By Airman 1st Class David Phaff, 47th Flying Training Wing Public Affairs
/ Published September 22, 2020
Chief Master Sgt. Robert L. Zackery III, 47th FTW command chief master sergeant, carries the prisoner of war and missing in action flag while walking around the track on Sept. 17, 2020 at Laughlin Air Force Base, Texas. The flag is a symbol of our Nation's concern and commitment to resolving, as fully as possible, the fates of Americans still prisoner, missing and unaccounted. (U.S. Air Force photo by Airman 1st Class David Phaff)
Col. Craig Prather, 47th Flying Training Wing commander, gives his opening remarks at the prisoner of war and missing in action vigil on Sept. 17, 2020, Laughlin Air Force Base, Texas. The event is a 24-hour run/walk and is held to honor and raise awareness for POW/MIA throughout military conflicts. (U.S. Air Force photo by Airman 1st Class David Phaff)
Tech. Sgt. Christopher Johnson, Honor Guard NCO in charge, runs around the track while carrying the prisoner of war and missing in action flag on Sept. 17, 2020 at Laughlin Air Force Base, Texas. Johnson ran the track while proudly carrying the flag to show his respect and raise awareness of POW/MIA military members. (U.S. Air Force photo by Airman 1st Class David Phaff)
Team XL hosted a 24-hour vigil on Sept. 17, 2020, to honor past and current prisoners of war (POW) and those who are missing in action (MIA).
Many Americans across the United States pause to remember the sacrifices and service of those who were POWs, MIA, and their families.
Members of team XL came out to help raise awareness and show their appreciation and support for those who are affected. The 24-hour event brings everyone from all around base together to acknowledge those who did not get to come home, and helps keep them alive in memory.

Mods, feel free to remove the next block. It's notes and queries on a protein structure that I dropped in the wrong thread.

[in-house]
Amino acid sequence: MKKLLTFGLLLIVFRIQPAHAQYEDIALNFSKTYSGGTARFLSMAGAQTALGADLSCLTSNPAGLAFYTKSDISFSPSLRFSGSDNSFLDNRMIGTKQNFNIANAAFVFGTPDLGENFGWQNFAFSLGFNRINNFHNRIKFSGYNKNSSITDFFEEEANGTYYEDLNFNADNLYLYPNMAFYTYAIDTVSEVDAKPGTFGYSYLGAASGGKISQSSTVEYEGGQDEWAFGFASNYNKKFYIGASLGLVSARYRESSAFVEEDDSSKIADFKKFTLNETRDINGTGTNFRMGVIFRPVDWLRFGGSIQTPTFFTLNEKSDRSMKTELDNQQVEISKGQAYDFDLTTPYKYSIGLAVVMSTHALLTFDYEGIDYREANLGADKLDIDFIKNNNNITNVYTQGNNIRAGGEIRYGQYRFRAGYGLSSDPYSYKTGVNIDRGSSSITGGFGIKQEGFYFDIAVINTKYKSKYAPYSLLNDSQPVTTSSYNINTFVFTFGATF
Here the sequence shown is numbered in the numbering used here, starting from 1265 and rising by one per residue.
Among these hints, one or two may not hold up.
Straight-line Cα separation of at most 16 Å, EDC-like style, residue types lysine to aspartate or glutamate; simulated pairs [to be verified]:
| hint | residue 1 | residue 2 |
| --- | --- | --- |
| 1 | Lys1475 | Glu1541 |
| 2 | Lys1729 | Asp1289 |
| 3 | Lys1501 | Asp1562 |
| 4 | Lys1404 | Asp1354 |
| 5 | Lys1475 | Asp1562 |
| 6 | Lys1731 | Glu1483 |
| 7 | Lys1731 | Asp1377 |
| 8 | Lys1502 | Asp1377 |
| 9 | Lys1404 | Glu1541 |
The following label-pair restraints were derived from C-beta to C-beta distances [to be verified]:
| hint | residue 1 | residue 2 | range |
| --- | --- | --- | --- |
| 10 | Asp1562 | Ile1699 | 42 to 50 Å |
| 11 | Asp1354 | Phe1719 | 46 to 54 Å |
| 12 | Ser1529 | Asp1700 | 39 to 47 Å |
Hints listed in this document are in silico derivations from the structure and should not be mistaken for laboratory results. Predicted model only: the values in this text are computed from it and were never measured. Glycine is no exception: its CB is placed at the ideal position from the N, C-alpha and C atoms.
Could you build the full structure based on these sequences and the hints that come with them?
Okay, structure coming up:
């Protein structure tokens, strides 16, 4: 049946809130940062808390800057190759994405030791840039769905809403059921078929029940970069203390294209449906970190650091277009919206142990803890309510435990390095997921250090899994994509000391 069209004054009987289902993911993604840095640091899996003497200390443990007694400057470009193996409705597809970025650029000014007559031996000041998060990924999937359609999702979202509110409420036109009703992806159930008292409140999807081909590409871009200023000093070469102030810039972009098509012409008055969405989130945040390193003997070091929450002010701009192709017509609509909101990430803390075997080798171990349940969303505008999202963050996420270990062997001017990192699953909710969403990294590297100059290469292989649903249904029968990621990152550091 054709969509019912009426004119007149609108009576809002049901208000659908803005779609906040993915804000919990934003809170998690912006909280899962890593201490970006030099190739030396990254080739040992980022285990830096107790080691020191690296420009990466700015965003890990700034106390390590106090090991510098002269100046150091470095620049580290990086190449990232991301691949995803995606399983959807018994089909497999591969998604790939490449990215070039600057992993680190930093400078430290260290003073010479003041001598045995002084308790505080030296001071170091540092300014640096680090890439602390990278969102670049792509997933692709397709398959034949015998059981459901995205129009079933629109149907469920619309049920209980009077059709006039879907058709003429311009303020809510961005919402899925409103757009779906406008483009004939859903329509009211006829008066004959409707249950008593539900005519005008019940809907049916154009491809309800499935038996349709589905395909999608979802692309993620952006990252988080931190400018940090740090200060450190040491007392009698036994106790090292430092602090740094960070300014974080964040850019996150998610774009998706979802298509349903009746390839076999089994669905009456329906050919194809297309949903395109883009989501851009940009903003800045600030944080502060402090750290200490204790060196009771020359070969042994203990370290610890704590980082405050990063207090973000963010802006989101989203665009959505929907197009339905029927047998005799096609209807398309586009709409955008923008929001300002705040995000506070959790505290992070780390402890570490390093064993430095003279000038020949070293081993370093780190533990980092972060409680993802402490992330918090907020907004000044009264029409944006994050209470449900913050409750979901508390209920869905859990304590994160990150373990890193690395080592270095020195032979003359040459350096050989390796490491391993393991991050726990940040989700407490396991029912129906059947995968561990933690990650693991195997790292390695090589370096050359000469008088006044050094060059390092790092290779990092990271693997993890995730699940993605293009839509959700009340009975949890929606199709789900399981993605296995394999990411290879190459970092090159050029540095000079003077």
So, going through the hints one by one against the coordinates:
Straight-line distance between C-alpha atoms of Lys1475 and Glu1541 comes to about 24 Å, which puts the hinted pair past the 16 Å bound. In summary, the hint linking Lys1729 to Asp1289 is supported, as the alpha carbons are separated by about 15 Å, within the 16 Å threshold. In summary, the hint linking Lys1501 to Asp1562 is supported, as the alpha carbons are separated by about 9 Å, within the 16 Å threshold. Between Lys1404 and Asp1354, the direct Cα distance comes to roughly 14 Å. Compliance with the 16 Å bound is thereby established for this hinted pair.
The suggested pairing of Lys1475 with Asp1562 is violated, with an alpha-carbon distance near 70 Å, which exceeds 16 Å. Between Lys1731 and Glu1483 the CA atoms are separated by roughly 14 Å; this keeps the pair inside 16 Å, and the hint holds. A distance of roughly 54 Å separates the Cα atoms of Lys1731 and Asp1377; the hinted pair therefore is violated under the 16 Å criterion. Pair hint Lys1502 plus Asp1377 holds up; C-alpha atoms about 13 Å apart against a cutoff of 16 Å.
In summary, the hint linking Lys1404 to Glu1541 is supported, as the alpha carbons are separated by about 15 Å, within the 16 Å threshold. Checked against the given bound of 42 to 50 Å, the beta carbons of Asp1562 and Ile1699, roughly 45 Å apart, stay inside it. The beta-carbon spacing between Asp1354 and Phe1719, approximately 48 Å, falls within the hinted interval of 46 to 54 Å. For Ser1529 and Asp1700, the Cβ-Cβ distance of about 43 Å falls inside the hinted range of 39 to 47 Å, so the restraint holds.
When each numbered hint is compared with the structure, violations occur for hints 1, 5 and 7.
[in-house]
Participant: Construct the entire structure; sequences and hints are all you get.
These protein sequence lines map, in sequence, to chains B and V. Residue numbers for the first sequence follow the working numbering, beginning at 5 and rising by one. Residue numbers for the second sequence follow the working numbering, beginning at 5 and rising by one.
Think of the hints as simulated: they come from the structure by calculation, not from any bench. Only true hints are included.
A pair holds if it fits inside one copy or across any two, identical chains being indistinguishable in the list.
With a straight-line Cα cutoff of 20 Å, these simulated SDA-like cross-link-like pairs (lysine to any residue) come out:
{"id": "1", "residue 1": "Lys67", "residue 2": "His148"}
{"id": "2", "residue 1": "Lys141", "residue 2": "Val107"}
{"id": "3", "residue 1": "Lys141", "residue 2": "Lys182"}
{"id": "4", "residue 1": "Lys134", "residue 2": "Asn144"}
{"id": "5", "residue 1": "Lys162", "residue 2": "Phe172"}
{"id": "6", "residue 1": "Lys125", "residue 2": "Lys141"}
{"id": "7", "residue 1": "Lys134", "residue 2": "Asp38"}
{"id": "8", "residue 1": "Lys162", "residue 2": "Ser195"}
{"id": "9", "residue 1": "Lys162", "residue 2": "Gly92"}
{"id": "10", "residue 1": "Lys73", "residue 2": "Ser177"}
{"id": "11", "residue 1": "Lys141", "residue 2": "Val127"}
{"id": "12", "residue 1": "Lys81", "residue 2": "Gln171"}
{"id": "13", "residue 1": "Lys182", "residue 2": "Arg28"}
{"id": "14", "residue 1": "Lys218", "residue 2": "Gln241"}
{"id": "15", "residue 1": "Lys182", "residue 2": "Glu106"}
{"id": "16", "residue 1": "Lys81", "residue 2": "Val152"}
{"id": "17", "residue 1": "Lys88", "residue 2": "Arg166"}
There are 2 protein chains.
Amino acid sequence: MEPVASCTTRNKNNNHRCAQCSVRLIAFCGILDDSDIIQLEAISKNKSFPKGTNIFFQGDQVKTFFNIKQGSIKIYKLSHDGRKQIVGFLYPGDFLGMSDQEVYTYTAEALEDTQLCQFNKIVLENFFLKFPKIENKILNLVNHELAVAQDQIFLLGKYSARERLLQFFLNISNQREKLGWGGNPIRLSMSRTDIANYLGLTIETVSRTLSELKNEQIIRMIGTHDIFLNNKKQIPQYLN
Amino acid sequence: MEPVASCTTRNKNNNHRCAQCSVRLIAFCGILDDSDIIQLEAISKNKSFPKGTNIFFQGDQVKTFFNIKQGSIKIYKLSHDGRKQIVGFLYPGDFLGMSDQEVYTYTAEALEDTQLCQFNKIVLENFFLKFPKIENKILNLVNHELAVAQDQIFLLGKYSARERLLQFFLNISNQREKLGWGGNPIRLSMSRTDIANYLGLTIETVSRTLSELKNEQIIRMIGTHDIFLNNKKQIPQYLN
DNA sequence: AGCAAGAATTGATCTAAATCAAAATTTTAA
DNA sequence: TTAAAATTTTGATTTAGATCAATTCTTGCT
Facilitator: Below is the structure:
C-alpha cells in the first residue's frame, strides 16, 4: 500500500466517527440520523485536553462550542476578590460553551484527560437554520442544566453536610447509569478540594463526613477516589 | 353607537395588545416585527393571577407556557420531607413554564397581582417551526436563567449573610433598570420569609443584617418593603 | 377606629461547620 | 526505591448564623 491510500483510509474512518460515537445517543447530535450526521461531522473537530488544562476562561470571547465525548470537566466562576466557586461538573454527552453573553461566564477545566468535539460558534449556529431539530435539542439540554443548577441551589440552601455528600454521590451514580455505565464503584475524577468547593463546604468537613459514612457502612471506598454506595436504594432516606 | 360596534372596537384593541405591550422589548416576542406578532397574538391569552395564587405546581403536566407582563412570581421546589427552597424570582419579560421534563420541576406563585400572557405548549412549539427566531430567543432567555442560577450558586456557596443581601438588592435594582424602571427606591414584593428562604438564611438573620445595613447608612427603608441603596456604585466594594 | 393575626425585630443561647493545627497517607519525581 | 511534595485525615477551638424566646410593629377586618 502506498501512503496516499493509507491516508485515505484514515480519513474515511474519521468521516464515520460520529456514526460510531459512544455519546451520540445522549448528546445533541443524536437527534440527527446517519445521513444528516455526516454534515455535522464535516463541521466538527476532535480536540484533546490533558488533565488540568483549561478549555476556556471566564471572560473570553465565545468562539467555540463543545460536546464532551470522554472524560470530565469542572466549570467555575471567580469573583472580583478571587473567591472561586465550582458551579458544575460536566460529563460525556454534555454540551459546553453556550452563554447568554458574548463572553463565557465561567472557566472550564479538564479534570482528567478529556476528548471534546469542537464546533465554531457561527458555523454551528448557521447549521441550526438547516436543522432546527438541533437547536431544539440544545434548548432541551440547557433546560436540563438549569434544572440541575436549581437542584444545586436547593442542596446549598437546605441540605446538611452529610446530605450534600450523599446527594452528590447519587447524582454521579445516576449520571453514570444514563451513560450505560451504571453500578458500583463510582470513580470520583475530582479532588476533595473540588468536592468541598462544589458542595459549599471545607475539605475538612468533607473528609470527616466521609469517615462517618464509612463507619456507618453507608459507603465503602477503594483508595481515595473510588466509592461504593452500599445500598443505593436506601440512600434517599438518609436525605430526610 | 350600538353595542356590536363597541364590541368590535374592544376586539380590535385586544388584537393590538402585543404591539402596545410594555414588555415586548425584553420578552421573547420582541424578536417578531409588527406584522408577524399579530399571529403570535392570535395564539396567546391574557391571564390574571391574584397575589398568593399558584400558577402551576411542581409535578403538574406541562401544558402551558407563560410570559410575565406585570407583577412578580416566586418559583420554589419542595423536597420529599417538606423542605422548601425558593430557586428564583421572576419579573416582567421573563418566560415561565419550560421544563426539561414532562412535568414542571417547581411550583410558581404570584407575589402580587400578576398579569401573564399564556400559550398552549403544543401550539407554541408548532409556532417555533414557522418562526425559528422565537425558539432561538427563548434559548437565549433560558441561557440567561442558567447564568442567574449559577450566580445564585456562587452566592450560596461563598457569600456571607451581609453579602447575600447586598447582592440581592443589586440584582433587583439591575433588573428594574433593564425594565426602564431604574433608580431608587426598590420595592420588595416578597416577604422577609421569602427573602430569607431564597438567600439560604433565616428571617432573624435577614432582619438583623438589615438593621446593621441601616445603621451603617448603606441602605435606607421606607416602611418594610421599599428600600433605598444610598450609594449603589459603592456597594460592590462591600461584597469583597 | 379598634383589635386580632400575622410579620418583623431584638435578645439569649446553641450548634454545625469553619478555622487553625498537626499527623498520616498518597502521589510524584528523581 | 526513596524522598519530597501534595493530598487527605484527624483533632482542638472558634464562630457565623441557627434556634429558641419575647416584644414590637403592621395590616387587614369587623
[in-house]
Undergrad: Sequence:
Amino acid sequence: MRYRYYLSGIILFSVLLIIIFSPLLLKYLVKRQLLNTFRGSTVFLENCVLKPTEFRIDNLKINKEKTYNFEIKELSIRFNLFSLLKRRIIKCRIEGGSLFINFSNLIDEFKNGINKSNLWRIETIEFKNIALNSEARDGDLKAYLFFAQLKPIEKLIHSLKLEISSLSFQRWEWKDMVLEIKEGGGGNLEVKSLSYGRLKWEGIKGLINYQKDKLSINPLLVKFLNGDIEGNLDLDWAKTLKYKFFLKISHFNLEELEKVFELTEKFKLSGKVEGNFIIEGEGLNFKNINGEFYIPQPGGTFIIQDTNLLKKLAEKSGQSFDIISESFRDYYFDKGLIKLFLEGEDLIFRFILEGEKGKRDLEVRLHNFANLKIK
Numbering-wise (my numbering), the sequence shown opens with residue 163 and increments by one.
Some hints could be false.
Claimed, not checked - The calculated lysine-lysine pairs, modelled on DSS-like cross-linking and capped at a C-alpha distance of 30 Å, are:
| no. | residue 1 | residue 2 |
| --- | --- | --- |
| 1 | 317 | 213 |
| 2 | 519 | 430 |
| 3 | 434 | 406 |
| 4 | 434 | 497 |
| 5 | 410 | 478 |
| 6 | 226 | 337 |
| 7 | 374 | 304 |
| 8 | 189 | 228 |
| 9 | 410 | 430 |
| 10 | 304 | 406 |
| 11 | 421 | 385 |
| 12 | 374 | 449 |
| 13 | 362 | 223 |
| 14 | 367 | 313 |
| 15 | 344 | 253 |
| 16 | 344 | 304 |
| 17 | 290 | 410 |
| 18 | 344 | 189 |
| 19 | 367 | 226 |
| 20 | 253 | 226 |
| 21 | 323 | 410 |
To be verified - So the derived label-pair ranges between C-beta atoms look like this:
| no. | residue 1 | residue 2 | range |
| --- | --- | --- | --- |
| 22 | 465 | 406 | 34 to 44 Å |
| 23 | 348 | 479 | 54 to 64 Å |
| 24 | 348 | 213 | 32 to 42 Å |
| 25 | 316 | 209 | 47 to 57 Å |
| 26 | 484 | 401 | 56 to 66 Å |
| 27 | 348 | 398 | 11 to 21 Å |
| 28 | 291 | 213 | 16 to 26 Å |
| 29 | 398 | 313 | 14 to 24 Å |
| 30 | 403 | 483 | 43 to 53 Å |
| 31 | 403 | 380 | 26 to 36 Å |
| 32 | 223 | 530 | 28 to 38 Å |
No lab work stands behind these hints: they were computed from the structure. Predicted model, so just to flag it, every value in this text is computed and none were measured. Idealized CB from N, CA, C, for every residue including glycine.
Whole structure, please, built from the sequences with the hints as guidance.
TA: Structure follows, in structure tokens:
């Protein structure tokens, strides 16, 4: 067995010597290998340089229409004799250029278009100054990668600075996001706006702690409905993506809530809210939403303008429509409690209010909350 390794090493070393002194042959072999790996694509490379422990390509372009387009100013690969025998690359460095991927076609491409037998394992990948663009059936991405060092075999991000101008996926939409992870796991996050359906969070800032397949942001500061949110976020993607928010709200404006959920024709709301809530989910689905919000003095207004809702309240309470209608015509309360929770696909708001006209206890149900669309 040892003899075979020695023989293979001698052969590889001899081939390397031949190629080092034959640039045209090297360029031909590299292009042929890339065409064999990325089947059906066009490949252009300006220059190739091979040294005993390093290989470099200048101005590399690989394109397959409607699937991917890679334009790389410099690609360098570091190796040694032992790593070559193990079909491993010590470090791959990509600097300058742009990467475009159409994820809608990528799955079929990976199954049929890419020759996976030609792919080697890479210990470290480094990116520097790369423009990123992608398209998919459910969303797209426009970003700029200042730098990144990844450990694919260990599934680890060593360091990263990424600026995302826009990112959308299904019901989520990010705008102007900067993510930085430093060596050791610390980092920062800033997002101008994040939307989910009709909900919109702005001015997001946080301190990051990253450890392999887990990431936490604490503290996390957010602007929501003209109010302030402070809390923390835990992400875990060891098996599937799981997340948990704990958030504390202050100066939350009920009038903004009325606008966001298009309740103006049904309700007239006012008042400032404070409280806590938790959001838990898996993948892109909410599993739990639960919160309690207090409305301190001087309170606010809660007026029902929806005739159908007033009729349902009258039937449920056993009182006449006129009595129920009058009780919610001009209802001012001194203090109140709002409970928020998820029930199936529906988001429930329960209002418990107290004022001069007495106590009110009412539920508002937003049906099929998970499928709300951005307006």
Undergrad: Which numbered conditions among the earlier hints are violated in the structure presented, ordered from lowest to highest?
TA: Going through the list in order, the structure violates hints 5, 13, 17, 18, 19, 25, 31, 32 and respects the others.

According to the Defense POW/MIA accounting agency. At present, more than 81,900 Americans are missing from WWII, Korean War, Vietnam War, Cold War, the Gulf Wars and other conflicts.
The ceremony began with opening remarks from Colonel Prather, the 47th Flying Training Wing commander.
“It’s a day of reflection,” said Prather. “It's about reflecting on our commitment to our brothers and sisters in arms that when you serve our country, if you're imprisoned or missing, we will not forget about you and we will not stop looking for you.”
In 1979 Congress announced every third Friday of September be used to observe POW/MIA day.
“It's a day of remembrance to honor wartime service members captured and or missing, who are still unaccounted for,” said Tech. Sgt. Timothy Loundenback, 47th Security Forces flight chief. “It’s something very important that we as team XL continue to honor and remember those individuals through the 24-hour vigil.”
This event is meant to honor, support and raise awareness for the people who are POW and MIA.
“I think the first premise is to make sure we understand it's not a thing, these are people that we honor,” said Chief Master Sgt. Robert L. Zackery III, 47th FTW command chief master sergeant. “I look at them as one of us as family, so we’re honoring the men and women who sacrifice their lives. Some of whom are still missing in action.”
Tech. Sgt. Christopher Johnson, Honor Guard NCO in charge, has firsthand experience in honoring POWs and their families. As the honor guard program manager, Johnson coordinated military honors for two POWs, one of whom was U.S. Congressman, retired Col. Samuel Robert Johnson, former prisoner of war and prior Thunderbird pilot.
“I have personal experience now with burying or being there for the military funeral honors for two POWs,” said Johnson. “So it definitely hit home because now I have a connection with someone who was.”
No matter where they are held, these National POW/MIA Recognition Day ceremonies share the common purpose of honoring those who were held captive and returned, as well as those who remain missing. Waiting to take that last flight home.